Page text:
Signals Blog

By Sun Ladder (Own work) [CC BY-SA 3.0 ( or GFDL (], via Wikimedia Commons

Our lives our governed by our concept of time. Whether you are relatively spontaneous or a micromanager of your daily schedule, how we coordinate our work and interactions with other people comes down to the 24-hour clock we picture in our minds.

Of course, this 24-hour clock is more than just a social construct. It is engrained into our very cells. I am talking about circadian rhythms.

For example, wakefulness, body temperature, the gut microbiome, and some hormone levels all cycle in a periodic manner. Now, part of the definition of “circadian” is that these patterns are entrainable, meaning they can be adjusted to environmental stimuli (aside, these stimuli are gloriously called “zeitgebers”). Light and food consumption are two examples of environmental stimuli that can have this type of influence. Based on these inputs, “central oscillators” then control the rhythms that exist in peripheral tissues.

What is incredible is that even if these central control mechanisms are removed, our tissues and the cells that make them up can have “cell autonomous signals” – meaning, the cells themselves have a self-generated circadian rhythm, driven by periodic feedback loops in expression of certain genes. What an incredible feat of evolution!

And while it is not totally clear why these patterns developed, what does seem to be true is that they can be clinically relevant. For example, the Van Laake group out of the University Medical Center Utrecht points out that there is a higher incidence of cardiac events (heart attacks, arrhythmias, etc.) just as a person is waking up vs. other times of day.

This has motivated their research to try to model circadian rhythms in cardiac cells in vitro. They specifically wondered whether embryonic stem (ES) cells had an intrinsic clock and, if not, at what point this clock developed during differentiation into cardiomyocytes (CM) (or heart cells).

First, they looked at the expression of genes known to be the master controllers of circadian expression loops, so called “clock” genes. They found that, in general, multiple clock genes were expressed in ES cells, but the expression greatly increased by D15 (immature CMs) and D30 (mature CMs) of differentiation.

To then look at whether these genes fluctuated in expression, the CMs were synchronized using dexamethasone and analyzed for the classic anti-phasic expression of two different clock proteins (PER2 and BMAL1), which represents a functional molecular circadian clock (see image). Since they used cell lines that glow in proportion to the level of gene expression, they could literally watch changes in PER2 and BMAL1 over the next two days. While immature (D15) CMs and undifferentiated ES cells did not exhibit these functional clock patterns, they were witnessed in D30 mature cardiomyocytes, suggesting that this is a behaviour that is learned during development. It also appears to be quite robust, as it lasted in cells cultured out to 45 days.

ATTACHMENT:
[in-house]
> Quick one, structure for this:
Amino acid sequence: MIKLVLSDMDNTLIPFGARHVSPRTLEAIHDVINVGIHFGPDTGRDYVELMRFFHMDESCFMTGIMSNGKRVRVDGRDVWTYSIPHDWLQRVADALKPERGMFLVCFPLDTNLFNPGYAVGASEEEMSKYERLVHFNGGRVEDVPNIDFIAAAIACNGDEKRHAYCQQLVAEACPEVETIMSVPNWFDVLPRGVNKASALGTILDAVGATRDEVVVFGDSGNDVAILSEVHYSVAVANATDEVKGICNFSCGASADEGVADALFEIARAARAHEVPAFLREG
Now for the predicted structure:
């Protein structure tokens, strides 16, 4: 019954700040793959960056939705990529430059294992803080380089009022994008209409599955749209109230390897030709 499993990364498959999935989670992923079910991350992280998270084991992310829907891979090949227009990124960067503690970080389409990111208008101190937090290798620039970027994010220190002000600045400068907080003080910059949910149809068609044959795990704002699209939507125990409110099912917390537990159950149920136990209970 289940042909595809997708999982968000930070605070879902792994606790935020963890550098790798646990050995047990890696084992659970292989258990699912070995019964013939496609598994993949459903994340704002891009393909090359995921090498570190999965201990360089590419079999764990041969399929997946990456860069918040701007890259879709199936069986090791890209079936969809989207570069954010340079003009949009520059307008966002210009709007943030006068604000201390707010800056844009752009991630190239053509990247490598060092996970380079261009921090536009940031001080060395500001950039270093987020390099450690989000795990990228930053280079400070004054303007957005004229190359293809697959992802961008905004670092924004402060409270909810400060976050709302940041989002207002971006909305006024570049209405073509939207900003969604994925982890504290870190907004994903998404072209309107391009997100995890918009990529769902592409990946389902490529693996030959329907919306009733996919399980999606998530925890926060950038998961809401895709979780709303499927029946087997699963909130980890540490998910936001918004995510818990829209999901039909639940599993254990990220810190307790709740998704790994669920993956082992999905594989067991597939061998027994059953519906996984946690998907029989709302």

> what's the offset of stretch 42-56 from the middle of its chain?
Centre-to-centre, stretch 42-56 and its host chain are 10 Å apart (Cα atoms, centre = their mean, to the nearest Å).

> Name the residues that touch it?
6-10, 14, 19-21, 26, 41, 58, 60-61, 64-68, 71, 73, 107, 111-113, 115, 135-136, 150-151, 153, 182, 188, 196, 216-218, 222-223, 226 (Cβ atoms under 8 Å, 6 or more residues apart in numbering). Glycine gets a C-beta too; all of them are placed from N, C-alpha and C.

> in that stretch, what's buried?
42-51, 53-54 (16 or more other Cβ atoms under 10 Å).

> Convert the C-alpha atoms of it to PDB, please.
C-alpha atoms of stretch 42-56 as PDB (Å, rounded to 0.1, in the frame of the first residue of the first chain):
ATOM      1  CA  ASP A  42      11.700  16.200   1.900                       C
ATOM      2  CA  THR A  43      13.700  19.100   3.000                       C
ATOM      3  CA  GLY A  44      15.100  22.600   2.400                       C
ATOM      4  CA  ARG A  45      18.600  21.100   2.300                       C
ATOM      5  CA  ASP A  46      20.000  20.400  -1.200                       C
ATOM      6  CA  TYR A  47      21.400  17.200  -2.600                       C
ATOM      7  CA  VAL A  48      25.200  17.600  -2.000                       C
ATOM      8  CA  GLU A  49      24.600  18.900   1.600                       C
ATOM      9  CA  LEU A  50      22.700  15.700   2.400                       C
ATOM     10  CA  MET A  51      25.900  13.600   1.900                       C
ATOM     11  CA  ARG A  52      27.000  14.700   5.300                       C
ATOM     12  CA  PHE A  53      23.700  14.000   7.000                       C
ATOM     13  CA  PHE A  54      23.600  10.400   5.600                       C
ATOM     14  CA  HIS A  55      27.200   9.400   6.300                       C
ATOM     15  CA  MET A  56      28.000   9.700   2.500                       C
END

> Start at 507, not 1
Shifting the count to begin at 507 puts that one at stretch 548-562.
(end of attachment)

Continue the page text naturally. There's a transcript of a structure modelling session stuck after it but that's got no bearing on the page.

The investigators then looked at which genes were controlled by clock genes. Over 700 transcripts were found to oscillate across the day in D30 CMs. After investigating whether these transcripts were related in a functional way, they discovered that they were enriched for genes involved in cardiac development and the stress response. These changes in expression of stress response genes occurred to a relevant degree, as the CMs had a differential ability to handle the cardio-toxic effects of doxorubicin treatment across the day when this drug was added to culture.

So what does this cell-based clock mean in the grand scheme of things?

Well if our central oscillators keep cardiac clocks synchronized (all cells the same), it may suggest we are better able to handle potential pharmaceutical stressors at different times of day (like doxorubicin), which could lead to smarter treatment schedules. And as the authors point out, given scientists are starting to use engineered heart tissues to test a variety of different compounds, they might consider factoring in the “time zone” of the heart tissue, to get a more clinically relevant prediction of how their drug may affect patients (and when to administer it).

At the end of the day, if our goal with engineering tissues is to be biomimetic, then we should remember that people are creatures of habit. And, somehow, due to incredible biology, this also pertains to their cells.


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Holly Wobma

Holly Wobma

MD/PhD student at Columbia University
Holly is an MD-PhD student at Columbia University in New York. She recently (2011) completed a Bachelor of Health Sciences Honours Degree from the University of Calgary, where she pursued research related to nanotechnology and regenerative medicine. In addition to research, she enjoys participating in science outreach roles. Previously, she contributed to an award-winning Nanoscience animation produced by the Science Alberta Foundation (“Do You Know What Nano Means?”), and served on the board of directors for the Canadian Institute for Photonic Innovations Student Network. Holly's lab tweets @GVNlab.